The second contribution, from Judith Devlin, examines the Georgian artexhibition that was held in Moscow in 1937 for the twentieth anniversary ofthe October Revolution. Narrowing down her focus on the posters, paintings,and films of the exhibition, Devlin explores the ways in which Stalin wasportrayed by Georgian artists, whose portrayals, nonetheless, were carefullycontrolled by Stalin’s private office. Despite official suppression ofreligious beliefs in the Soviet Union, Devlin’s findings suggest thatBolsheviks, like their fascist counterparts, recognized the importance ofreligious myths, symbols, and narrations, judging by the way Stalin wasportrayed: “Stalin had been transformed from the General Secretary of theParty… into a mythical figure, a sort of supra-historical persona, whotranscended the constraints of historical circumstance and the limitations ofindividuality to become the Father of the Peoples, the embodiment of theRevolution, the State, and its inhabitants” (p. 102). In sum, the two studiesof this part reveal that in both contexts, attempts were made to borrow fromreligious language as a means to transfer legitimacy from former, traditionalbeliefs to newly emerged cults. Whereas the borrowing was explicit in fascistpolitical language, it was implicit in that of their Bolshevik counterparts.

Part III, “Mind Your Words! Policing Linguistic Boundaries (1920s -1940s)”,consists of five chapters. The first two deal with the representation of‘self’, with the central question being how the powerless ‘self’, underexclusion, purge, imprisonment, etc., represents oneself to the omnipotent‘other’, who is not only the absolute authority, but also the judge whoprovides a framework for and decides the ‘appropriate’ forms of behavior andverbal expression. Igal Halfin explores how the Russian intelligentsia adapteditself to one-party rule during the 1920s. Through a close examination ofarchival documents, Halfin concludes that the Bolshevik’s plan was far moreambitious than consolidating power. They were, in fact, determined toconstruct a new identity on the part of Soviet citizens—an identity not shapedby a sacred text or past tradition, but rather by rationality, intellectualrigor, inspiration, agency, and above all, a profound devotion to thebrotherhood of the elect and the cause of proletarian.

The second contribution of this section is Isabel Richter’s paper, which drawson transcripts of Gestapo interrogations and clemency pleas found on hightreason trails in Nazi Germany in the 1930s. While writing their confessionalstatements or clemency pleas, these prisoners, as argued by Richter, conformedto certain narrative patterns and patterns of arguments as a means to meetcertain purposes, including being pardoned from death.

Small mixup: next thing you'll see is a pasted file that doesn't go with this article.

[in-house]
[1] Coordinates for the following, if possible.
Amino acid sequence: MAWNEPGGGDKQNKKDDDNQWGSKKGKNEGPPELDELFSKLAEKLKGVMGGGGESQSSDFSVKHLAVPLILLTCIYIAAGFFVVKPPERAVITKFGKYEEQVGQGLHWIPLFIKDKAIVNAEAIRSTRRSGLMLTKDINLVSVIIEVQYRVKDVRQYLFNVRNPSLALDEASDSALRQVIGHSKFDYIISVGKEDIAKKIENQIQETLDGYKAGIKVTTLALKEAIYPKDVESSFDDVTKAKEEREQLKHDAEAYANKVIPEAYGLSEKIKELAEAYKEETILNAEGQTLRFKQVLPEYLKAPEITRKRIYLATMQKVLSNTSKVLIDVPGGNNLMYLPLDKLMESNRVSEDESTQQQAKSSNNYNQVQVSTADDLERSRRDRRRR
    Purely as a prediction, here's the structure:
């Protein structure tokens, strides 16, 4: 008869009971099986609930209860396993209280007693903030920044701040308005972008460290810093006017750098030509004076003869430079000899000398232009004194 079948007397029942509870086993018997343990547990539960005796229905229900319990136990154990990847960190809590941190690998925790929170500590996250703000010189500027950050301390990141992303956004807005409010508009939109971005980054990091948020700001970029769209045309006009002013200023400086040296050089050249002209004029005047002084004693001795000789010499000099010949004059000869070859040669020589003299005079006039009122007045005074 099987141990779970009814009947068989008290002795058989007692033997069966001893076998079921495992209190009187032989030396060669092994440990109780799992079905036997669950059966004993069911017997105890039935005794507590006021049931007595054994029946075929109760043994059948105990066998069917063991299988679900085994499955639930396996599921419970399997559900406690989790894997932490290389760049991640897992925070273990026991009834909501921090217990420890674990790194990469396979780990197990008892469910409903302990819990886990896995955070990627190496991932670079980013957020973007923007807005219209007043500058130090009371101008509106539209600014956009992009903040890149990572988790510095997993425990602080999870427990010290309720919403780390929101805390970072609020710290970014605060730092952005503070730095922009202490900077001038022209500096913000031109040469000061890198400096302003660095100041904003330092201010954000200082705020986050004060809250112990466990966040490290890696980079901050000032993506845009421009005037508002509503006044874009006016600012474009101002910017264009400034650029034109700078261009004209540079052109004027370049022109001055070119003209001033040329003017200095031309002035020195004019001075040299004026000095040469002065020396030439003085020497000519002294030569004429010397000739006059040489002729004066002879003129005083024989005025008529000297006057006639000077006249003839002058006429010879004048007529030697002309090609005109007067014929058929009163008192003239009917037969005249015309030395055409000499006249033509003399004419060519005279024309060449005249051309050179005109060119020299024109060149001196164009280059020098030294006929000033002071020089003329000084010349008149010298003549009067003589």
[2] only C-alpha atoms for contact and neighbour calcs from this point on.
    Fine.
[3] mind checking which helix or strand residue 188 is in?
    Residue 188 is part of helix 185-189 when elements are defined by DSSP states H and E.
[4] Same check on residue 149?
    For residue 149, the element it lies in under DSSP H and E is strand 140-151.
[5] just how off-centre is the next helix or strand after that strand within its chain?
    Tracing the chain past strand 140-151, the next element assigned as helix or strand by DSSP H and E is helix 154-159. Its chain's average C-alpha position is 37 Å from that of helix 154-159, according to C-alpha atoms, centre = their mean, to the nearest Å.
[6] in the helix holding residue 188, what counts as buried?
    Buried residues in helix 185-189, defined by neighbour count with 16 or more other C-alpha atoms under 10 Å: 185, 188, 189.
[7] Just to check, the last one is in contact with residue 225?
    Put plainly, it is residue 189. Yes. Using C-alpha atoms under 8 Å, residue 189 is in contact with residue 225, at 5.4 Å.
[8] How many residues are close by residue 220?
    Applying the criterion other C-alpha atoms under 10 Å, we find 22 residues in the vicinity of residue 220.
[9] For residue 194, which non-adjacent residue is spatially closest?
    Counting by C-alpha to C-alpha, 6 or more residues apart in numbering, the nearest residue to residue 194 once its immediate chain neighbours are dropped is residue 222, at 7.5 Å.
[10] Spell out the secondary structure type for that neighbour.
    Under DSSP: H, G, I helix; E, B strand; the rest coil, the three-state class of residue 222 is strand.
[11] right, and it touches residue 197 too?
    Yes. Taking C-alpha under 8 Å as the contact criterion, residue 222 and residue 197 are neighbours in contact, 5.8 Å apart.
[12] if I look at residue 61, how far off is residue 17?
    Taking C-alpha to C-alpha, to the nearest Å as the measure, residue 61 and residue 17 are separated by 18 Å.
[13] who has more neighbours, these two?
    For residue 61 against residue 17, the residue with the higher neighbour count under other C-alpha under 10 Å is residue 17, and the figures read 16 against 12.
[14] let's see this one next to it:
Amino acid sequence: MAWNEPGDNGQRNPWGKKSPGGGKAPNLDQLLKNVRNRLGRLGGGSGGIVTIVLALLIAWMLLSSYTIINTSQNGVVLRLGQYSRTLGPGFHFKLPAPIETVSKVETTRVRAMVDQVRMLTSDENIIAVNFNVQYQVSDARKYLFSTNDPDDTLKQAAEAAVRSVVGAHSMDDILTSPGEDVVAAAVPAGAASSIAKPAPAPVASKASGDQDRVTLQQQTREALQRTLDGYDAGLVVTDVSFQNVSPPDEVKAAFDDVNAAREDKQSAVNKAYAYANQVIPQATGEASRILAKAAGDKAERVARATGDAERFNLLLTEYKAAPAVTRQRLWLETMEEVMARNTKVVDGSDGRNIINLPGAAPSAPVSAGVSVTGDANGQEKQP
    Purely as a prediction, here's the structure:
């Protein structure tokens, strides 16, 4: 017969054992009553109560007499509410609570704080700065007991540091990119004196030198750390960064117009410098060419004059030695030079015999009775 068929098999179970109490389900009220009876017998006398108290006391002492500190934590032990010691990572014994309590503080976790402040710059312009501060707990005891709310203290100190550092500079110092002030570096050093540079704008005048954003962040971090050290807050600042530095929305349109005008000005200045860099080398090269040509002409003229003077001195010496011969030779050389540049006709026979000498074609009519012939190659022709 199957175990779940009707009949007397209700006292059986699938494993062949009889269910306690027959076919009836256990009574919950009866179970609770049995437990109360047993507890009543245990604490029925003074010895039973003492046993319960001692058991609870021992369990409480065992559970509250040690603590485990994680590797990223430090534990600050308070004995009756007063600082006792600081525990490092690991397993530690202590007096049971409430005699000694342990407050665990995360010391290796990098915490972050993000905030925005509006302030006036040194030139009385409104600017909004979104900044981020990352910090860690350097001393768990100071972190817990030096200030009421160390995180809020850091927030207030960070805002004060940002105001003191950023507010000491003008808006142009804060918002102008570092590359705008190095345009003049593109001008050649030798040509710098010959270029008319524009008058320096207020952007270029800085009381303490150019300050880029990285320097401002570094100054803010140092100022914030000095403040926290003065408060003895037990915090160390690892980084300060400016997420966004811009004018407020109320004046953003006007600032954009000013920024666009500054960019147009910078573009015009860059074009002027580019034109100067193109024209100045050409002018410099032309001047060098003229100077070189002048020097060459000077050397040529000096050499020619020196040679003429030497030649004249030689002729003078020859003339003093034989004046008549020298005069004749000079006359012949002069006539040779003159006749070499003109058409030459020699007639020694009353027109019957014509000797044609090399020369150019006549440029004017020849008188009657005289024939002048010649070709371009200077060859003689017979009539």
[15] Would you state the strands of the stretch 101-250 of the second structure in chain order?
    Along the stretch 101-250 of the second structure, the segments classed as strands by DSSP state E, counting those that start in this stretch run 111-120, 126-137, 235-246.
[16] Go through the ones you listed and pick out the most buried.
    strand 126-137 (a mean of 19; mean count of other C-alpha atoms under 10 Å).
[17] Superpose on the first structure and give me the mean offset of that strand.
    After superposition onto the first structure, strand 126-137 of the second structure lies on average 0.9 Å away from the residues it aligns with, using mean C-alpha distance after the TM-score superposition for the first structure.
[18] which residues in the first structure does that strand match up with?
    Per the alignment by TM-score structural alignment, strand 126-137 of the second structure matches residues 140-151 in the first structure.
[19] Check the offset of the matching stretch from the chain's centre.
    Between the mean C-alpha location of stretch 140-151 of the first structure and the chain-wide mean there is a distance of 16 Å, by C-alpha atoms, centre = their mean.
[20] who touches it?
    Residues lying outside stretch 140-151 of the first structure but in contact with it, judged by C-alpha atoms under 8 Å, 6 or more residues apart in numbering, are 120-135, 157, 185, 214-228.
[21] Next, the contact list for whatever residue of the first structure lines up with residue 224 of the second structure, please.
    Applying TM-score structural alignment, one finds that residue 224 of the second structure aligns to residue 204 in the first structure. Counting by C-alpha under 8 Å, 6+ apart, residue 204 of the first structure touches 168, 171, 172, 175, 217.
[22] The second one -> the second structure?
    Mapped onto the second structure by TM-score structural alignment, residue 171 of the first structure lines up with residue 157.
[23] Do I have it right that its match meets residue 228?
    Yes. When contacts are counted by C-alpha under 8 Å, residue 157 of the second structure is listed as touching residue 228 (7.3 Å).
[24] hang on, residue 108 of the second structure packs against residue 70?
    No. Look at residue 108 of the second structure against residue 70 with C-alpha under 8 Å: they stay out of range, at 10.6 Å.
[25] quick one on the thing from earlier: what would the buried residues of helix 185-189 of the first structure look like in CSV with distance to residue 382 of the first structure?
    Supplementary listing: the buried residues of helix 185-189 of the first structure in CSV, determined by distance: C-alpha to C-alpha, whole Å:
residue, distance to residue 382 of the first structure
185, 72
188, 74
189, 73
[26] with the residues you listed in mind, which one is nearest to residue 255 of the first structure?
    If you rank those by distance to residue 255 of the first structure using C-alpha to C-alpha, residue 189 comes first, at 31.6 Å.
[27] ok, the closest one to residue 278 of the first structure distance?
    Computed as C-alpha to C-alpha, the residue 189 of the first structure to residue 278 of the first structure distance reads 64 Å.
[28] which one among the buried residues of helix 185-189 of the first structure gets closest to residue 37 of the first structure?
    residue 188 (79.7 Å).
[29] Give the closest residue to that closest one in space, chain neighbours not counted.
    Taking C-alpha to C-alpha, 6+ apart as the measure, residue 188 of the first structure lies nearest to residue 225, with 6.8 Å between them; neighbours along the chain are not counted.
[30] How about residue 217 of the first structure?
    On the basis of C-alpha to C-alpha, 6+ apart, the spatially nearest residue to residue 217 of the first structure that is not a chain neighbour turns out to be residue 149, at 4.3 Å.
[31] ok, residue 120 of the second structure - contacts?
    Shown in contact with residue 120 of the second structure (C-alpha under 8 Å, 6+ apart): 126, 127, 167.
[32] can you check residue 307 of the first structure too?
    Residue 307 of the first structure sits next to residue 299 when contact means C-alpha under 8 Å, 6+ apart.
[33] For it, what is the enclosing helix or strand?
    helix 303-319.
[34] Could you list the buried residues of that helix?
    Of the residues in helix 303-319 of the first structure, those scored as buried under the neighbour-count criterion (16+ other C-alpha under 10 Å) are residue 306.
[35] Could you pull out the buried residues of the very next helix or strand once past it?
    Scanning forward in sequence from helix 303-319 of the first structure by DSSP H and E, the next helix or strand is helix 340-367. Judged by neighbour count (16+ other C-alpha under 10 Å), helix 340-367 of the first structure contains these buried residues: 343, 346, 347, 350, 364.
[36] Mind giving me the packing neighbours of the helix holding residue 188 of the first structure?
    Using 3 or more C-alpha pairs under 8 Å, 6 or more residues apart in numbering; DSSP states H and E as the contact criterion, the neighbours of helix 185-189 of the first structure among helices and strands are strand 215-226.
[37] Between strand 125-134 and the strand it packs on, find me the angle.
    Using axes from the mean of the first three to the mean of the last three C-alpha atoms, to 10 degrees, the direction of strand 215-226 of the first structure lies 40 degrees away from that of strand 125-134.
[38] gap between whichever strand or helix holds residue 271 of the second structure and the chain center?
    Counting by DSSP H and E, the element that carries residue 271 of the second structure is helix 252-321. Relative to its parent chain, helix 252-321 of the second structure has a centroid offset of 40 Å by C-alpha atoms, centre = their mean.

The next two chapters deal with the concept of representation of the‘other’—the depiction of the enemy in the US and UK during the Second WorldWar. Sian Nicholas examines BBC’s coverage of Germans and Nazis in the UK, andOlaf Stieglitz examines the portrayals of Japanese and Germans in the Americanmedia. Although in both contexts, government did not claim a center-stageposition, it, nonetheless, coordinated the process. Both papers offer insightson the power of words, images, sounds, and tones of propaganda duringwartimes.

Part III concludes with Heidrun Kämper’s paper on diaries written bydissidents in Nazi Germany. In addition to their strong commitment to tellingthe truth, or offering a counter-truth to those of the Nazis, the authors ofthe diaries saw their act of writing like having a conversation, which isregarded as an example of a ‘communicative act’ by Kämper. Taken together, thefive studies of this section offer interesting insights on politicallanguages, including individual agency, the function and purpose of languageuse under conditions of extreme ideological confrontation and terror, and therepresentation of ‘self’ and ‘other’, to name but a few.

Part IV is “The Growth of Linguistic Awareness in the Cold War Era”. Its fivechapters analyze political language between the American-led West and theSoviet-led East from 1940s to 1980s. It begins with the contribution by ThomasMergel, who offers a comparative analysis of the discourse of anti-Communismas the basis of political culture in the US and West Germany. The two nationsdiffered substantially in sketching the Communist ‘other’—the unknown,faithless enemy in the US vs. the familiar enemy in West Germany—but theirrhetoric converged over time.

On the other side of the Berlin Wall stood the East Germany, the subject ofRalph Jessen’s chapter. Narrowing down his focus to popular humor and jokes,Jessen demonstrates the limits of imposed official propaganda and theresistance of ordinary citizens of East Germany to such an imposition. Ifofficial propaganda of promoted a particular language and defined relations ofinclusion and exclusion, popular jokes and humor served a similar purpose forthose who refused to accept the state’s highly top-down, ideological,homogenized, scandalized, and territorialized identity, and thus, sought toconstruct their own counter-discourse.

In the next chapter, Martin Geyer takes on the fear of a rapid language changethat arose among West Germans in the 1970s. They feared not only the wideninglanguage gulf between the two Germanys, but also the profound number ofleftist terms and jargon introduced to the language of public discoursethroughout the rise of the student movement. The outcome was the state’sintervention through a language purification strategy, removing all ‘unwanted’leftist terms and jargon from German. The official justification for thisaction was the removal of ‘language barriers’ that blocked governmentalcommunication with people.